Lights go on again but uncertainty still reigns

PUBLISHED : Saturday, 23 March, 1996, 12:00am
UPDATED : Saturday, 23 March, 1996, 12:00am

The people of Kabul, once the world's only capital city without electricity, began the Muslim weekend yesterday with power restored for the first time in more than five years.

The lights were turned on, televisions and satellite dishes were plugged in and other appliances were taken out of storage in the Wazir Akbar Khan suburb which houses diplomats, foreign journalists and high-ranking government officials.

The Government of President Burhanuddin Rabbani had been able to repair a portion of the power transmission system which collapsed during years of fighting.

An official announcement said that many more areas of Kabul would have their electricity restored in the next two weeks.

However, it was not immediately clear how Mr Rabbani could afford to repair the electricity system - at an estimated cost of more than US$60 million (HK$463.5 million) - especially as the regime is almost bankrupt.

Kabul's money trading market also began working for the first time this week since its closure two years ago.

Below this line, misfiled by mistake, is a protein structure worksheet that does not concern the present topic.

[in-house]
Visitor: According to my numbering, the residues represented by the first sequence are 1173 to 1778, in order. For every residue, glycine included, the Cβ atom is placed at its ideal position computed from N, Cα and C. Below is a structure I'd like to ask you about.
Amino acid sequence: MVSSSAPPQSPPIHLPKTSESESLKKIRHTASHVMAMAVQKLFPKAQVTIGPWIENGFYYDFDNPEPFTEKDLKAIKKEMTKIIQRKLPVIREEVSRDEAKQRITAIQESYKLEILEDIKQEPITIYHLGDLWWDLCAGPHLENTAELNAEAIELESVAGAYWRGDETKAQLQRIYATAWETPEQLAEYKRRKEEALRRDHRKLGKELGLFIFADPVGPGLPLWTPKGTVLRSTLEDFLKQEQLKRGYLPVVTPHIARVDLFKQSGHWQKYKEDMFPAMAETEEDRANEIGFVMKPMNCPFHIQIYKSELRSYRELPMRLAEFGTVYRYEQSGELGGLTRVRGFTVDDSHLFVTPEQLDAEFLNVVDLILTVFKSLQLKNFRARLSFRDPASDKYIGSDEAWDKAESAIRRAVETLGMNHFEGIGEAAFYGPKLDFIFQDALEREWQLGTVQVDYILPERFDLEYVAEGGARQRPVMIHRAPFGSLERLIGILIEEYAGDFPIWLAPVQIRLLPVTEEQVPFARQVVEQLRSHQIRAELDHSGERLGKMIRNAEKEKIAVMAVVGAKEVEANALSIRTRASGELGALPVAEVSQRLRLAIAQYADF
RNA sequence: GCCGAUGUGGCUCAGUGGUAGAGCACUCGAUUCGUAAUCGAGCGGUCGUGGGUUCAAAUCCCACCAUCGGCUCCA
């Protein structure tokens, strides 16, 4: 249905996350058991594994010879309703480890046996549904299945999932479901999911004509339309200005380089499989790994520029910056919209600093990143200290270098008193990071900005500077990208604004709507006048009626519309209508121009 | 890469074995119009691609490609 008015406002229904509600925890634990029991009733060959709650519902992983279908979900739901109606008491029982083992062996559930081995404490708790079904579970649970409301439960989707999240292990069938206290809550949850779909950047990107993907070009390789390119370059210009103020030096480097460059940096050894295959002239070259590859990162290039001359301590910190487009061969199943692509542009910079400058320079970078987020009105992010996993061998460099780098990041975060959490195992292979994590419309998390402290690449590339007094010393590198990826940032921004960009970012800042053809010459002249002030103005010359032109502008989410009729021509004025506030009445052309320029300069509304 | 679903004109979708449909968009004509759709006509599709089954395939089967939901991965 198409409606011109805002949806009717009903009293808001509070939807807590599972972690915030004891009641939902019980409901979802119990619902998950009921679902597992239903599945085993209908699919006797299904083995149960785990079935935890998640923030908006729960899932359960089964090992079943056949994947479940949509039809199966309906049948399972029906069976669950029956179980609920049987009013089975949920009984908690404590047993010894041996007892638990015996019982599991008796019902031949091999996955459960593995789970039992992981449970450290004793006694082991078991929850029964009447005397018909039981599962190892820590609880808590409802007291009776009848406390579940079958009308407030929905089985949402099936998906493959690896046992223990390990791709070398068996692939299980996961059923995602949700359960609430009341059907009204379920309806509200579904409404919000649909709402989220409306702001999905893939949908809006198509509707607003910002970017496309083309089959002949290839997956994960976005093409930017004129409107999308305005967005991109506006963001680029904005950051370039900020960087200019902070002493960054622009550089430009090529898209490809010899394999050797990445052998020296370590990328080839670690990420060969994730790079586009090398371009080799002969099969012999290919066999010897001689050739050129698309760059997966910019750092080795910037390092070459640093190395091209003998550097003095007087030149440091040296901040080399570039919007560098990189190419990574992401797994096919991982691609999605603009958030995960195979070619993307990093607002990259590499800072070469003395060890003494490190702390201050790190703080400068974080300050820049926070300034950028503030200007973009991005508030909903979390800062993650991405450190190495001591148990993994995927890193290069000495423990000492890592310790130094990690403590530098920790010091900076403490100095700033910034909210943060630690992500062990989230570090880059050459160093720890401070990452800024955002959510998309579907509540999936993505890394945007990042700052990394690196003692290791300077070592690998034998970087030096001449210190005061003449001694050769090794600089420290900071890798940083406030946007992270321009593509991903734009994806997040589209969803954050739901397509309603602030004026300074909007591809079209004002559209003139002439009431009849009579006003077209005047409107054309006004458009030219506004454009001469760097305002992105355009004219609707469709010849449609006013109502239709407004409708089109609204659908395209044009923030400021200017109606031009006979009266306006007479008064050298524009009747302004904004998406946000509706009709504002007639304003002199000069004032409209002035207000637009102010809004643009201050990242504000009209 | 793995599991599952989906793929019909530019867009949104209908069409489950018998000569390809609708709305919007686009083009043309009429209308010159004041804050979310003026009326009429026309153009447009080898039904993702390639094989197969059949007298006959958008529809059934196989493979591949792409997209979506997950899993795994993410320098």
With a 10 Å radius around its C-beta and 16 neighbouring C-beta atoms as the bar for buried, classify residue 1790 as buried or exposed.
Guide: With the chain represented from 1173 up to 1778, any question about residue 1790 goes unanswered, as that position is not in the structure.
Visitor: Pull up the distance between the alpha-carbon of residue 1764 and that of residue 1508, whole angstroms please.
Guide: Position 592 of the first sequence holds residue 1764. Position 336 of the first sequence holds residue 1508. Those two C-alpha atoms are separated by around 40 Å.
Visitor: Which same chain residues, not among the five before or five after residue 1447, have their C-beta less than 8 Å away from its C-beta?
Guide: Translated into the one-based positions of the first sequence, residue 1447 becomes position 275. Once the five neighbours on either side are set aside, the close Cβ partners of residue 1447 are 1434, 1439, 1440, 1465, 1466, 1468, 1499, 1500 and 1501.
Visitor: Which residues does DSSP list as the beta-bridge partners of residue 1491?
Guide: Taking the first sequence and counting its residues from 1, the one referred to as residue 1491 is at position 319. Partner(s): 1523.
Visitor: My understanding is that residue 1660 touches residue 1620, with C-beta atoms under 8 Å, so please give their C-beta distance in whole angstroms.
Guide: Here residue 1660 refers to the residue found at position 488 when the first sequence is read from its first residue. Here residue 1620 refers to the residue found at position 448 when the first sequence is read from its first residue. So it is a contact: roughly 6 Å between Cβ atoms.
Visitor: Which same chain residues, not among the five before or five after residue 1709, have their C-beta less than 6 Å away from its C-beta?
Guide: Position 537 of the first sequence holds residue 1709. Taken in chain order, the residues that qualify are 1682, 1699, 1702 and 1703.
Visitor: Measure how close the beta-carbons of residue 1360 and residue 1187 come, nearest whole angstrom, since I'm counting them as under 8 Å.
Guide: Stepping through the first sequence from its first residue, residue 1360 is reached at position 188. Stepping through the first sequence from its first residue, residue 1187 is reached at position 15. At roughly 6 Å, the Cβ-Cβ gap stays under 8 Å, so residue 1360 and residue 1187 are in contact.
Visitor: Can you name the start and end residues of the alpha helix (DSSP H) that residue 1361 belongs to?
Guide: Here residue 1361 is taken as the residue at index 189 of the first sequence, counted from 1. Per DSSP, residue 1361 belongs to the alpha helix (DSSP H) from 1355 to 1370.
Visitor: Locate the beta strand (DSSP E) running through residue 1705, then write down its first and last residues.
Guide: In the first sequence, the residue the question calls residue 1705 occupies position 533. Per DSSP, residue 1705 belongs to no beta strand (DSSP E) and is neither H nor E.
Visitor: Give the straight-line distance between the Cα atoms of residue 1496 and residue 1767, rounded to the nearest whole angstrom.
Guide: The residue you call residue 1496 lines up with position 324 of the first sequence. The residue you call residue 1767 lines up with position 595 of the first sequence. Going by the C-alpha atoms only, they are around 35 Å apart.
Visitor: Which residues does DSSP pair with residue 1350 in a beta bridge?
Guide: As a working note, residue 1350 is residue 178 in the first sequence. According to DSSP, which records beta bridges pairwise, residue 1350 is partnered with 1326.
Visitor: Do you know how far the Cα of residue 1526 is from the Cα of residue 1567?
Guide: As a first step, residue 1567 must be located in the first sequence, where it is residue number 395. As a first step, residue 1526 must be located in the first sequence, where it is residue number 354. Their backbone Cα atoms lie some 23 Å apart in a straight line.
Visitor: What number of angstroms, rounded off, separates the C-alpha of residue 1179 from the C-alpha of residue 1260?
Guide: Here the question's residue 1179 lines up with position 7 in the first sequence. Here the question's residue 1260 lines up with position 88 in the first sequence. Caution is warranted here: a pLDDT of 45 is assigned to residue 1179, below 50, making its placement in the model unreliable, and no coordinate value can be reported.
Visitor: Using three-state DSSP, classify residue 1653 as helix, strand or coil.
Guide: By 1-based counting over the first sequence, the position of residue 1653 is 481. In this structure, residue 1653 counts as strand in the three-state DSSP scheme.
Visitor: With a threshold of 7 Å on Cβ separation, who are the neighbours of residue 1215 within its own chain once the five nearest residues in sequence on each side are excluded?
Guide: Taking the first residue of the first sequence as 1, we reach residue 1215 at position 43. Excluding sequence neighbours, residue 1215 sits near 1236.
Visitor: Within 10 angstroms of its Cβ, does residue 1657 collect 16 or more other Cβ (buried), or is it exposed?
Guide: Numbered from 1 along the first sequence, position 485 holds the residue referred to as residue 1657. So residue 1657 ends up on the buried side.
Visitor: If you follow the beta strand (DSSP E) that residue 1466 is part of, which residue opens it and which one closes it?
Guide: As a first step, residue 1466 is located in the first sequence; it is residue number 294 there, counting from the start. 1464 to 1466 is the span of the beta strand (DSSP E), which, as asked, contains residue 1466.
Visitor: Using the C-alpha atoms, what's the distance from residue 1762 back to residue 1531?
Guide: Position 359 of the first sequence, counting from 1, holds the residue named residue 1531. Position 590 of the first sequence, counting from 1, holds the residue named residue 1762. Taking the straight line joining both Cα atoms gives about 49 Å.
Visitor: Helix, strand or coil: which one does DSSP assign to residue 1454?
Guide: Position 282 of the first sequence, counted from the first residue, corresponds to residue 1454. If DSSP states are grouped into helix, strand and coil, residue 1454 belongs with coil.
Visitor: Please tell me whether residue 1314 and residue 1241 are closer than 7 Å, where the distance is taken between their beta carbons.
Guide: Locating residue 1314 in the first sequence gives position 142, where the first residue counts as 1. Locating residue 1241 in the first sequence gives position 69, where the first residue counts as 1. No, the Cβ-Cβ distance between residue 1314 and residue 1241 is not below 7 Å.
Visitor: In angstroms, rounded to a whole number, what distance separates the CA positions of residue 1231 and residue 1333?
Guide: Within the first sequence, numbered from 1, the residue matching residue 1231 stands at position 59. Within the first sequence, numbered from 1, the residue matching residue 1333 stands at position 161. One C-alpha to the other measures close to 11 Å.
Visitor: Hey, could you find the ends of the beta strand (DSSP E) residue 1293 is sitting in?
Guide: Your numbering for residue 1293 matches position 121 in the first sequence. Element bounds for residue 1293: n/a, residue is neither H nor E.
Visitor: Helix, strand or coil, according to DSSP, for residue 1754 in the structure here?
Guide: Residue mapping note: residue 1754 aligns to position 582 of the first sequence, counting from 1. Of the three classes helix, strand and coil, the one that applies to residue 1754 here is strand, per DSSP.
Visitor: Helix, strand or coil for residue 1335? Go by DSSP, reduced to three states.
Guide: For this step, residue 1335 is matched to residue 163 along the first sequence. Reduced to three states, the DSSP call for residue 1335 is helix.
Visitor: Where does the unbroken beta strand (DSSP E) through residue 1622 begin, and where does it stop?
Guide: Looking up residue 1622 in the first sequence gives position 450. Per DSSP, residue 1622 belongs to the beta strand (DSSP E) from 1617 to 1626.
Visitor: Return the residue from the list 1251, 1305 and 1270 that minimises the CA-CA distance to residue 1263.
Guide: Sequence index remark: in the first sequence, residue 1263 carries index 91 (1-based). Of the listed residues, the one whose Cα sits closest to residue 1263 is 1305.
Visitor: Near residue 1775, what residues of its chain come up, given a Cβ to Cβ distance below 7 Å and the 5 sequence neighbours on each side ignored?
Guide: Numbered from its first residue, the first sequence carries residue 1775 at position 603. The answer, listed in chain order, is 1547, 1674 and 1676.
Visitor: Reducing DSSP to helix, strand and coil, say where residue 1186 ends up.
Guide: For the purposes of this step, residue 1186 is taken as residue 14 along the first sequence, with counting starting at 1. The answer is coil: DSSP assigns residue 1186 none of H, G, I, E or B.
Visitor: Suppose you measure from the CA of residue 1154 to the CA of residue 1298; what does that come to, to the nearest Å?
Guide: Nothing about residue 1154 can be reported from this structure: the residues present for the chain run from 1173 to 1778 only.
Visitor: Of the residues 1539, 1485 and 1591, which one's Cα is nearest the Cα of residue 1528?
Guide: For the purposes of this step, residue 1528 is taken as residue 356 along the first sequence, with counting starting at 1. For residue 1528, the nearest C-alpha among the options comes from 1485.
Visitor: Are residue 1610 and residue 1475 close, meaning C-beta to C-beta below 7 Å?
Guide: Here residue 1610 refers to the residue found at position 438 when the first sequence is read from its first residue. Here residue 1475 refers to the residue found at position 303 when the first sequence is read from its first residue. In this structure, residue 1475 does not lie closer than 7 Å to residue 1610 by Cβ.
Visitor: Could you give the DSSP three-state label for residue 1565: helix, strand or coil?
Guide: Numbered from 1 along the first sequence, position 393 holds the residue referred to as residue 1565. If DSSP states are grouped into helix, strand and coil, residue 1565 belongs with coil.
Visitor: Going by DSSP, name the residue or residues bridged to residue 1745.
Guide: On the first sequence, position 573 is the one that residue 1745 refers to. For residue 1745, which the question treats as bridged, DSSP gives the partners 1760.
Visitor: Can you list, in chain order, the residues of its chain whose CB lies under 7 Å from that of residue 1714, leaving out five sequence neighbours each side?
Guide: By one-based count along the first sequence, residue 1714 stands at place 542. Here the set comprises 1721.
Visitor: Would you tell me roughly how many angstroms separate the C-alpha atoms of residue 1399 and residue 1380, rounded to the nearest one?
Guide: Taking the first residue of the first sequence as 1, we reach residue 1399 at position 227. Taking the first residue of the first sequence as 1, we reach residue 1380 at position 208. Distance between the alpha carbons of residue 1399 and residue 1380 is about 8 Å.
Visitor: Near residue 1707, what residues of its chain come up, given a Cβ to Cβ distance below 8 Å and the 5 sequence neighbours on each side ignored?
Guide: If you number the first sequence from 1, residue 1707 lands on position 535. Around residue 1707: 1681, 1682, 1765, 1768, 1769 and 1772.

The restoration of electricity to Kabul appeared to be a sign that life was beginning to return to normal and the battered city might get a much-needed chance to restore its economy.

Parts of Kabul and many other major cities in Afghanistan had been turned into rubble during the 17-year war which began with the Soviet invasion of 1979.

Even though the last communist government fell in 1992 and was replaced by a coalition of Islamic Mujahedeen fighters, the war has not ended.

For the past year, the hardline Taleban Islamic fighters, who want to impose a strict Islamic code, have been battling against Mr Rabbani's forces and have laid siege to three of Kabul's four sides.

The Taleban wants Mr Rabbani to step down eso that a new government could either be elected or nominated through consensus between all the factions.

The Taleban's strict rules, especially those restricting the kind of work that can be done by women, have caused concern among some non-government relief organisations working in Afghanistan.

They fear that much-needed reconstruction work might not now go ahead.